An ongoing battle between Oklahoma Gov. Kevin Stitt and the state’s American Indian Tribes has heated back up. Gov. Stitt has asked a federal court to prevent the state’s tribes from operating a Class III gaming license. He states that it is illegal. A few of the tribes initiated a lawsuit against Stitt in December of 2019. The purpose of the legal action was to protect their 15-year gaming compacts. The tribes are asking the court to uphold the automatic renewal on Jan. 1, 2020.
Why Does The Oklahoma Governor Turn to Federal Government to Shutdown Tribal Casinos?
The Tribal Casinos In Oklahoma continue to operate. Yet, Stitt insists they are doing so illegally due to the Jan. 1 expiration. The main issue is the governor’s desire to renegotiate the terms of the existing compacts. He is seeking higher exclusivity fees from the tribes. They currently pay anywhere from four to 10 percent to operate a Class III gaming license in the state.Also, we covered this story in our latest gambling news podcast video.
The Class III designation allows gaming on slot machines, roulette and craps. Last Wednesday, Stitt filed his official response to the Tribes’ latest lawsuit. The official response was a 41-page document. It included the following quote:
“Continuing to conduct Class III electronic gaming in the absence of valid Gaming Compacts with Oklahoma has resulted, is resulting and will continue to result in unjust enrichment to the Tribes. Unjust enrichment will continue unless and until a new gaming compact is entered into by and between the Tribes and Oklahoma.”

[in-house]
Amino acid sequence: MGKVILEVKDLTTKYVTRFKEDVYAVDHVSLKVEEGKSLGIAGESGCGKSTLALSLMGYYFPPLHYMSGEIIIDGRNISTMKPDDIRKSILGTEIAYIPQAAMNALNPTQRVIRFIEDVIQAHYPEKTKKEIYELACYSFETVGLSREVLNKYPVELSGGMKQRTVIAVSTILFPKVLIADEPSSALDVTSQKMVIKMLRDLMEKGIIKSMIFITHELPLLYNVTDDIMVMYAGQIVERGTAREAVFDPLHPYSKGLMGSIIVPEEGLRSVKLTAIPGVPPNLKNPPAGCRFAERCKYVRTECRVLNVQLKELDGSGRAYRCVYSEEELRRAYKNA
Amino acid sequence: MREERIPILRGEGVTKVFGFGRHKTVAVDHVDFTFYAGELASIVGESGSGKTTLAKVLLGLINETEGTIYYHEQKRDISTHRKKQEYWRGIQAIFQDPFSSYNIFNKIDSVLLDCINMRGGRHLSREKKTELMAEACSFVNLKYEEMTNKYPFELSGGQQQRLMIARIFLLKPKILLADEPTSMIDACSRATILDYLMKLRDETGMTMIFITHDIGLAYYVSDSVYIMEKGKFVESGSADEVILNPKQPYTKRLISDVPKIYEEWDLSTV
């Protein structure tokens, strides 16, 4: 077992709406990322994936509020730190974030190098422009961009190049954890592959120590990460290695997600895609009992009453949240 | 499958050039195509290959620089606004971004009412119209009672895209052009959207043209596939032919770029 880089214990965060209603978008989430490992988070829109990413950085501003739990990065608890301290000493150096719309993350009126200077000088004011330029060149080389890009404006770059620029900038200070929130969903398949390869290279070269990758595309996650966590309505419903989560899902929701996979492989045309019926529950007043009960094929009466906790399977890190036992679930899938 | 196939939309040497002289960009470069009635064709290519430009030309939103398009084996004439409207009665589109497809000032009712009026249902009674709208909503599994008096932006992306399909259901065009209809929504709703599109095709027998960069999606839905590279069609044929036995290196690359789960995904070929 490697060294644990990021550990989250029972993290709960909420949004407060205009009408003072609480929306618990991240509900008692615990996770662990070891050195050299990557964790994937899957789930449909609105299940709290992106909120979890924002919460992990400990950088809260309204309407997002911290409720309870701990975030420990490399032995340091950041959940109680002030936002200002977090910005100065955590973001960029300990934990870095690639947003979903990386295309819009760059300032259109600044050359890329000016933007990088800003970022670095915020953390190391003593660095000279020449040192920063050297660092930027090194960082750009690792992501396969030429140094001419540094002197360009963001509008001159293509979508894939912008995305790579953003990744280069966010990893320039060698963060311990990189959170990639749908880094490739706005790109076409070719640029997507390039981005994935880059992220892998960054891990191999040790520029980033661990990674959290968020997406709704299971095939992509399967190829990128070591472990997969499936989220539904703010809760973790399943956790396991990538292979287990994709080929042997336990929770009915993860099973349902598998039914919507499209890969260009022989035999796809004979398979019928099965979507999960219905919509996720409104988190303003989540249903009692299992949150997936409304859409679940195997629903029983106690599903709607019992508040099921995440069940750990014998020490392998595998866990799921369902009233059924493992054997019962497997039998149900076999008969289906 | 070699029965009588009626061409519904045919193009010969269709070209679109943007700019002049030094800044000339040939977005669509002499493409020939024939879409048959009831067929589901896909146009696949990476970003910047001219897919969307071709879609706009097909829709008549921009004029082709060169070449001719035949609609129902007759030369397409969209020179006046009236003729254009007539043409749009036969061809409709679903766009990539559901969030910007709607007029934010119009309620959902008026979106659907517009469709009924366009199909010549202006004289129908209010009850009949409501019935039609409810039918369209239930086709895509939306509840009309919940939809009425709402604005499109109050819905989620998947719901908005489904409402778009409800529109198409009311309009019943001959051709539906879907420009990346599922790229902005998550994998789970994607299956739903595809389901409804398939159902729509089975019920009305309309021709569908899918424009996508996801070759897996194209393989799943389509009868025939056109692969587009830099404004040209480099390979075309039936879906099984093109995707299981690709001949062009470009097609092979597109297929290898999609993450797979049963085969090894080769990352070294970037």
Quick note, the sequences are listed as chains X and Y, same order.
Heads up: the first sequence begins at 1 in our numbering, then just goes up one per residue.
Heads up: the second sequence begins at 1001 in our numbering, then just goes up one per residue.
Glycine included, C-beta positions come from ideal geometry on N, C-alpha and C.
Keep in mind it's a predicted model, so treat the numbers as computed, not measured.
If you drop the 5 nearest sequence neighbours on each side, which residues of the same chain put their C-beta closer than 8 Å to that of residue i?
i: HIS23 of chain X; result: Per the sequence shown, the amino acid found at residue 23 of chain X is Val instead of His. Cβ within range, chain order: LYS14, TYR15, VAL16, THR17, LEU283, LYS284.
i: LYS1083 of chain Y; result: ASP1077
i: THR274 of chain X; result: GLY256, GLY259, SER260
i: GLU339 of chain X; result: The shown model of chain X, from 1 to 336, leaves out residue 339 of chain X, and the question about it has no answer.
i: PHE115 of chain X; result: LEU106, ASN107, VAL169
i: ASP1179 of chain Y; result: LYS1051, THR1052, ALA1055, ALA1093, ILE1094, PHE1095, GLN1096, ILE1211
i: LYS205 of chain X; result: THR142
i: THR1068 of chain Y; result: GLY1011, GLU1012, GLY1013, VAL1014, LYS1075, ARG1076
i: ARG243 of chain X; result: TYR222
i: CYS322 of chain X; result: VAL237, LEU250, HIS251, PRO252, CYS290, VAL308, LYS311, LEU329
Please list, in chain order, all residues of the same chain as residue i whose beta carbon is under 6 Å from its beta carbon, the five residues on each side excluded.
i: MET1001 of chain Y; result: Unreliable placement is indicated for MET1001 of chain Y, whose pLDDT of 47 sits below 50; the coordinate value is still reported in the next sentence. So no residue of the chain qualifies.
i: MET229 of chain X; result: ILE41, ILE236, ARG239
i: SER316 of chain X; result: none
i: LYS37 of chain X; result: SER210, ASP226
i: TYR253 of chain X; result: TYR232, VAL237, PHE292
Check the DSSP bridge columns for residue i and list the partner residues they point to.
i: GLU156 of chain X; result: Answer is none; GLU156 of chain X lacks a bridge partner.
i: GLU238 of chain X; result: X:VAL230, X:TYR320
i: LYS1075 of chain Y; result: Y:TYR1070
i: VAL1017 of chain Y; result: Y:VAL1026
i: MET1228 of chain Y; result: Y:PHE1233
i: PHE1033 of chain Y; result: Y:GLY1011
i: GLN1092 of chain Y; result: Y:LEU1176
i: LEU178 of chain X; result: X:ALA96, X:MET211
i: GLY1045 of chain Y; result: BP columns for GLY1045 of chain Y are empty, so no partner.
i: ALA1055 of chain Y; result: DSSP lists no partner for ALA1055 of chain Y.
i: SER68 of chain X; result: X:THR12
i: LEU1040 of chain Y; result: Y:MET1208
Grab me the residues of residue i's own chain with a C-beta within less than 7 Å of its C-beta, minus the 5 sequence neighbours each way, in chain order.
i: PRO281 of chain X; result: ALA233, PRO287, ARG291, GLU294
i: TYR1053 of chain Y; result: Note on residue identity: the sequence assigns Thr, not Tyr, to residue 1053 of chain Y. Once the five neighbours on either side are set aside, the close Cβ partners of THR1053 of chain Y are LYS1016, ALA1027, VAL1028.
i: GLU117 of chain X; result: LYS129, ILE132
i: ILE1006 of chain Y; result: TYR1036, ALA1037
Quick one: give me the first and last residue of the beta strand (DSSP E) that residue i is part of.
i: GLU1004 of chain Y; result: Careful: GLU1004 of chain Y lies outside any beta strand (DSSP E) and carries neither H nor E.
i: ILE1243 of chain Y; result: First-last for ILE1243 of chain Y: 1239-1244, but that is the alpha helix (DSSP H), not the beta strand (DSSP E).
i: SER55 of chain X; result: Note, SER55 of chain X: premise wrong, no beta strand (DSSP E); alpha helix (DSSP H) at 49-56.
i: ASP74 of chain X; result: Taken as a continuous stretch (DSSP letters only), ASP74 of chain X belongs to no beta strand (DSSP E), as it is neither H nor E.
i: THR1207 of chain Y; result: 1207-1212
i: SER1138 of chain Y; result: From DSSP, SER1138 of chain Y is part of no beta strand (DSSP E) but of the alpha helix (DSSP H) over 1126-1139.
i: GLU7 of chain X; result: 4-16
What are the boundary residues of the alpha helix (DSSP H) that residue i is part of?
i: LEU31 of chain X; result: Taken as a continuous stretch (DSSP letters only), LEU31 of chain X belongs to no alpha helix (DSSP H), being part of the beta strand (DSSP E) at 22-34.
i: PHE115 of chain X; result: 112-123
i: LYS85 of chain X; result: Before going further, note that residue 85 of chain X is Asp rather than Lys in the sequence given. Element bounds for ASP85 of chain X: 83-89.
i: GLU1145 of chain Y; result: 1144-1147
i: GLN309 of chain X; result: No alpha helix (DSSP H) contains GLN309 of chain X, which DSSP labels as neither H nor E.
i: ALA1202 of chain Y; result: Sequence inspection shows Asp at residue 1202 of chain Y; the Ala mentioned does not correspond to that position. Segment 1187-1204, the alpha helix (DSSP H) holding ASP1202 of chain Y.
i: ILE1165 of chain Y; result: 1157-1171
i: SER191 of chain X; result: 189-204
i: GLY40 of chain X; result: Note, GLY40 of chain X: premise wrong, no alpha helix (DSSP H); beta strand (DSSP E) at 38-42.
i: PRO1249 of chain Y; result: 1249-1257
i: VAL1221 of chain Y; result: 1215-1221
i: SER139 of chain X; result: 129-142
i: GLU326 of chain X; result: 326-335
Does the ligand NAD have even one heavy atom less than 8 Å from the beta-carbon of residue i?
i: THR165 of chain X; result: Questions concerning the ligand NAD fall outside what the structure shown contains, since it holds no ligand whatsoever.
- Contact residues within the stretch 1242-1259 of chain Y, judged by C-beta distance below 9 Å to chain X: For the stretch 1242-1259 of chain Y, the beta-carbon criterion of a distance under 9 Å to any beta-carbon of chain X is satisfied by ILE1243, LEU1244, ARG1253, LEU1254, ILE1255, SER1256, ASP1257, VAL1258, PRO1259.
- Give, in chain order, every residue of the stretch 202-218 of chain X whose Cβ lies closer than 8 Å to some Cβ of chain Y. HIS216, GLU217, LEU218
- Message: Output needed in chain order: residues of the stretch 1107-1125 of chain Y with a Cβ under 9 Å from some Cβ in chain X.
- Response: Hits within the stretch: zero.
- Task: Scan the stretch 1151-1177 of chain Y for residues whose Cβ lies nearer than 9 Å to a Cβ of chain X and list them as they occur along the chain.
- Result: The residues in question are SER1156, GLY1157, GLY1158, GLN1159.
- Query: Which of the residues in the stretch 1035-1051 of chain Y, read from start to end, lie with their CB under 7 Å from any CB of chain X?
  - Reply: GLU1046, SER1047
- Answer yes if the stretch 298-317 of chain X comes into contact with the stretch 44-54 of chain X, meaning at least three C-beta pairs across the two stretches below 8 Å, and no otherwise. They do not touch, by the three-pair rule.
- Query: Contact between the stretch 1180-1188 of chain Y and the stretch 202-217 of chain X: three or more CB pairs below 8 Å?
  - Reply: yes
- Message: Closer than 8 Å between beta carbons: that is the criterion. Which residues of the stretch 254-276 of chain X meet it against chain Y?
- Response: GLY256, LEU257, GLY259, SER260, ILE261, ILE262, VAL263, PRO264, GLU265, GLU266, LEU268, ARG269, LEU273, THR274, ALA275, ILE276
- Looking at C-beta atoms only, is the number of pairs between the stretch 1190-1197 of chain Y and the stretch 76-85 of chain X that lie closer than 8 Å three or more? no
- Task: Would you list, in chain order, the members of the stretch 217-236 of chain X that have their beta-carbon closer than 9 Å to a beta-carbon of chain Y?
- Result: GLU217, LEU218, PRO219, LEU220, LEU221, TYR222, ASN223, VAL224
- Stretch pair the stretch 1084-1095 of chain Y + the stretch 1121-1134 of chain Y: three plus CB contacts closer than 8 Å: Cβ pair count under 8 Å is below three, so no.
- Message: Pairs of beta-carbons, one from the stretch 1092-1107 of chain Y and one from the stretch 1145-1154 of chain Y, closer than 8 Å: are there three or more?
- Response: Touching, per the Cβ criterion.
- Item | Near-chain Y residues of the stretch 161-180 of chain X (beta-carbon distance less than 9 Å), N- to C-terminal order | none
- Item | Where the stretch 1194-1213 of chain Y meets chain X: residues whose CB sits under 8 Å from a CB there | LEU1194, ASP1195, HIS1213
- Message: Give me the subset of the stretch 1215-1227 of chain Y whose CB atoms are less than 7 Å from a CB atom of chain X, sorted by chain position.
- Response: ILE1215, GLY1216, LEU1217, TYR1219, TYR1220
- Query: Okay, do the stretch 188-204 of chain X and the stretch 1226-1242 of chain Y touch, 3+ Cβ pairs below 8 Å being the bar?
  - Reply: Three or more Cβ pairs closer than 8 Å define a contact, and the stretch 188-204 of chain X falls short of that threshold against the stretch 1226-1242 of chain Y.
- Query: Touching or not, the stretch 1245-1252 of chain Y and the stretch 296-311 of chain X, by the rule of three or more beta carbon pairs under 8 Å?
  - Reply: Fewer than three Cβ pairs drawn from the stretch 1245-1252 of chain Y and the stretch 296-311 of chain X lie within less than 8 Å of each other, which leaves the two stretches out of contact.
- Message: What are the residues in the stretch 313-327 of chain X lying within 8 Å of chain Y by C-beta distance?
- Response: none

The state just received close to $150 million last year just for exclusivity fees. These were paid directly by the tribes.
The legal response to the issue continued with: “Without an injunction, Oklahoma, as a State of the United States of America, will suffer irreparable harm. Because its sovereignty is not being recognized by the Tribes, who continue to unlawfully conduct Class III gaming in the absence of valid and existing gaming compacts.
Stitt wants the federal court to rule that the existing compacts did not automatically renew. He also wants the court to declare that the casinos are operating in violation of federal and state law. He is also seeking an injunction to prevent the tribes from operating the casinos.
Stephen Greetham is the Chickasaw Nation senior counsel. His official response was quoted as follows:
“We are glad Gov. Stitt has not sought to delay the proceedings. We are reviewing the pleading his lawyers filed on his behalf. And look forward to learning what legal basis he will claim to justify the uncertainty he has endeavored to create. Going forward, we look forward to working with the court and obtaining a final resolution.”
This tribe is one of three in the state involved with the suit. The other two parties named are the Choctaw and Cherokee tribes. The Muscogee Creek Nation appears to be willing to join the cause. The response from the governor was filed by the following two law firms, which are Lytle, Soule & Felty, and Ryan Whaley. Furthermore, both companies are located in Oklahoma City.
• Source: Gov. Stitt asks federal court to shut down Oklahoma tribes’ Class III casino gaming From Tulsaworld.com On January 23, 2020.